The Levitican accounts are straightforward – it is the act. However, the punishment is death. Here we have the problem of the Law and whether it is now deemed as irrelevant given the accounts of Jesus. Is there a new covenant and does it eradicate the old one, the Old Testament? It seems incredible that the rules, decreed from God himself, allegedly, state that the act is punishable by death. And now? Either it should still be punishable by death, or it should be something close. The death of Jesus can’t simply mean that something abhorrent and deserving outright death suddenly becomes OK – bad, but essentially something to look down upon rather than to kill someone for.

It also begs the question as to whether these actually are the laws of God, or simply a codification of existing brutal societal biases. Colin would either have to accept that Leviticus is pretty much inerrant, but that the laws stated therein are now defunct (completely and paradigm-shiftingly) or he has to accept that this was merely a contextual reflection of a parochial and morally different society.

It also demands looking at all the other hundreds of laws therein. The Deuteronomical law “Thou shalt not wear a garment of divers sorts, as of woollen and linen together” (KJV) must surely still stand in some way. If Colin agrees that this is no longer relevant, then how can he special plead the relevance of the law of homosexual acts. There is an inconsistency here which needs to be explained in each and every instantiation of the 613 mitzvot in the Bible. What a task! In other words, he should be calling for the death penalty of those who commit such acts today, or explaining why the law is not relevant any more, though still stands as a moral guideline when almost all the other 613 rules do not.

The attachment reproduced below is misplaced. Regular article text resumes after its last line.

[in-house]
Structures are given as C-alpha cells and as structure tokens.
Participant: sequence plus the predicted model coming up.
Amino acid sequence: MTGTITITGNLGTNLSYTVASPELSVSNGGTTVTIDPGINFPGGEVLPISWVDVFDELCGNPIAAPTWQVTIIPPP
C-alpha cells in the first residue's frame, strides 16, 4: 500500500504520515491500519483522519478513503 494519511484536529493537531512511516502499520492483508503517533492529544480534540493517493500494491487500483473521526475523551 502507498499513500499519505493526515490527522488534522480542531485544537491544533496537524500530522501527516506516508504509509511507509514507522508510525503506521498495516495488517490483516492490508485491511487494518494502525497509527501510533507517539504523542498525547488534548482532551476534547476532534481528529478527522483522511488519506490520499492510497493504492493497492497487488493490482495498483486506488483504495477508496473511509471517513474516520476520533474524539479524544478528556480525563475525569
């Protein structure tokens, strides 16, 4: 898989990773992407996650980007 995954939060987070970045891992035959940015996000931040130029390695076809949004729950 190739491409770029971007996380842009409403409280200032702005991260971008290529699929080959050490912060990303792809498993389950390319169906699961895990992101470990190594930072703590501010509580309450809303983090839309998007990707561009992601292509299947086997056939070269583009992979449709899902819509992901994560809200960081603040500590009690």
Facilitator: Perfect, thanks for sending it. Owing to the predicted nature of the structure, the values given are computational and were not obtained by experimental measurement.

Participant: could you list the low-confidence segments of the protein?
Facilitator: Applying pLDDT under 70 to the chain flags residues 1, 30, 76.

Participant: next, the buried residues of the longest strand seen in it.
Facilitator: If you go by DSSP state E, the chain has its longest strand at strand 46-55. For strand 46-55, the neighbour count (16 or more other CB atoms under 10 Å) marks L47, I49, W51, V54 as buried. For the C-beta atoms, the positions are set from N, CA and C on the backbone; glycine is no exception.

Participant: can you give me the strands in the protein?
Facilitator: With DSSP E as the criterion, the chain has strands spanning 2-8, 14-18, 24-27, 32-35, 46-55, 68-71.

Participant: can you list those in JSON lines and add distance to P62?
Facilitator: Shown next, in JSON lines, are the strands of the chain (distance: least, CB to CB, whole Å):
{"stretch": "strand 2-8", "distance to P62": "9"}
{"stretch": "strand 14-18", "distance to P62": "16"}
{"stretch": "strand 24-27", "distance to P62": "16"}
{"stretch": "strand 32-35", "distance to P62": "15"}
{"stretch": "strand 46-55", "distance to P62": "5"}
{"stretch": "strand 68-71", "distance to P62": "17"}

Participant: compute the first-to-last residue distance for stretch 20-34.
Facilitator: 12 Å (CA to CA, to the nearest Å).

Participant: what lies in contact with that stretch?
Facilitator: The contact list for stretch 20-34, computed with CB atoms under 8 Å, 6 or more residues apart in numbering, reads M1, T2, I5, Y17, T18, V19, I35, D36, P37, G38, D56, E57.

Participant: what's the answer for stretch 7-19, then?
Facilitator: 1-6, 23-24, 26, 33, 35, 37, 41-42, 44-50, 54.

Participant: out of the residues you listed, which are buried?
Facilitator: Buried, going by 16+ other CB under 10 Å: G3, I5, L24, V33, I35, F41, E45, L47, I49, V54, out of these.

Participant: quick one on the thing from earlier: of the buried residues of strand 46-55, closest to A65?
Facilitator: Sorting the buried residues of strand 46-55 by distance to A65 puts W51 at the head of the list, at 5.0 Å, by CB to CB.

Remember Matthew 5:18, talking of Jesus (and the covenant) – “For verily I say unto you, Till heaven and earth pass away, one jot or one tittle shall in no wise pass from the law, till all be fulfilled.”

If all has not been fulfilled, then all laws still stand and Colin should be calling for the death of all those who have committed such acts, including any friends he has had.

1 Corinthians states that homosexuals will not inherit the Kingdom of God. They are not the elect. It is not clear whether this is people who think it or do it. and this brings up my second issue:

"But I say unto you, That whosoever looketh on a woman to lust after her hath committed adultery with her already in his heart." (Matthew 5:28)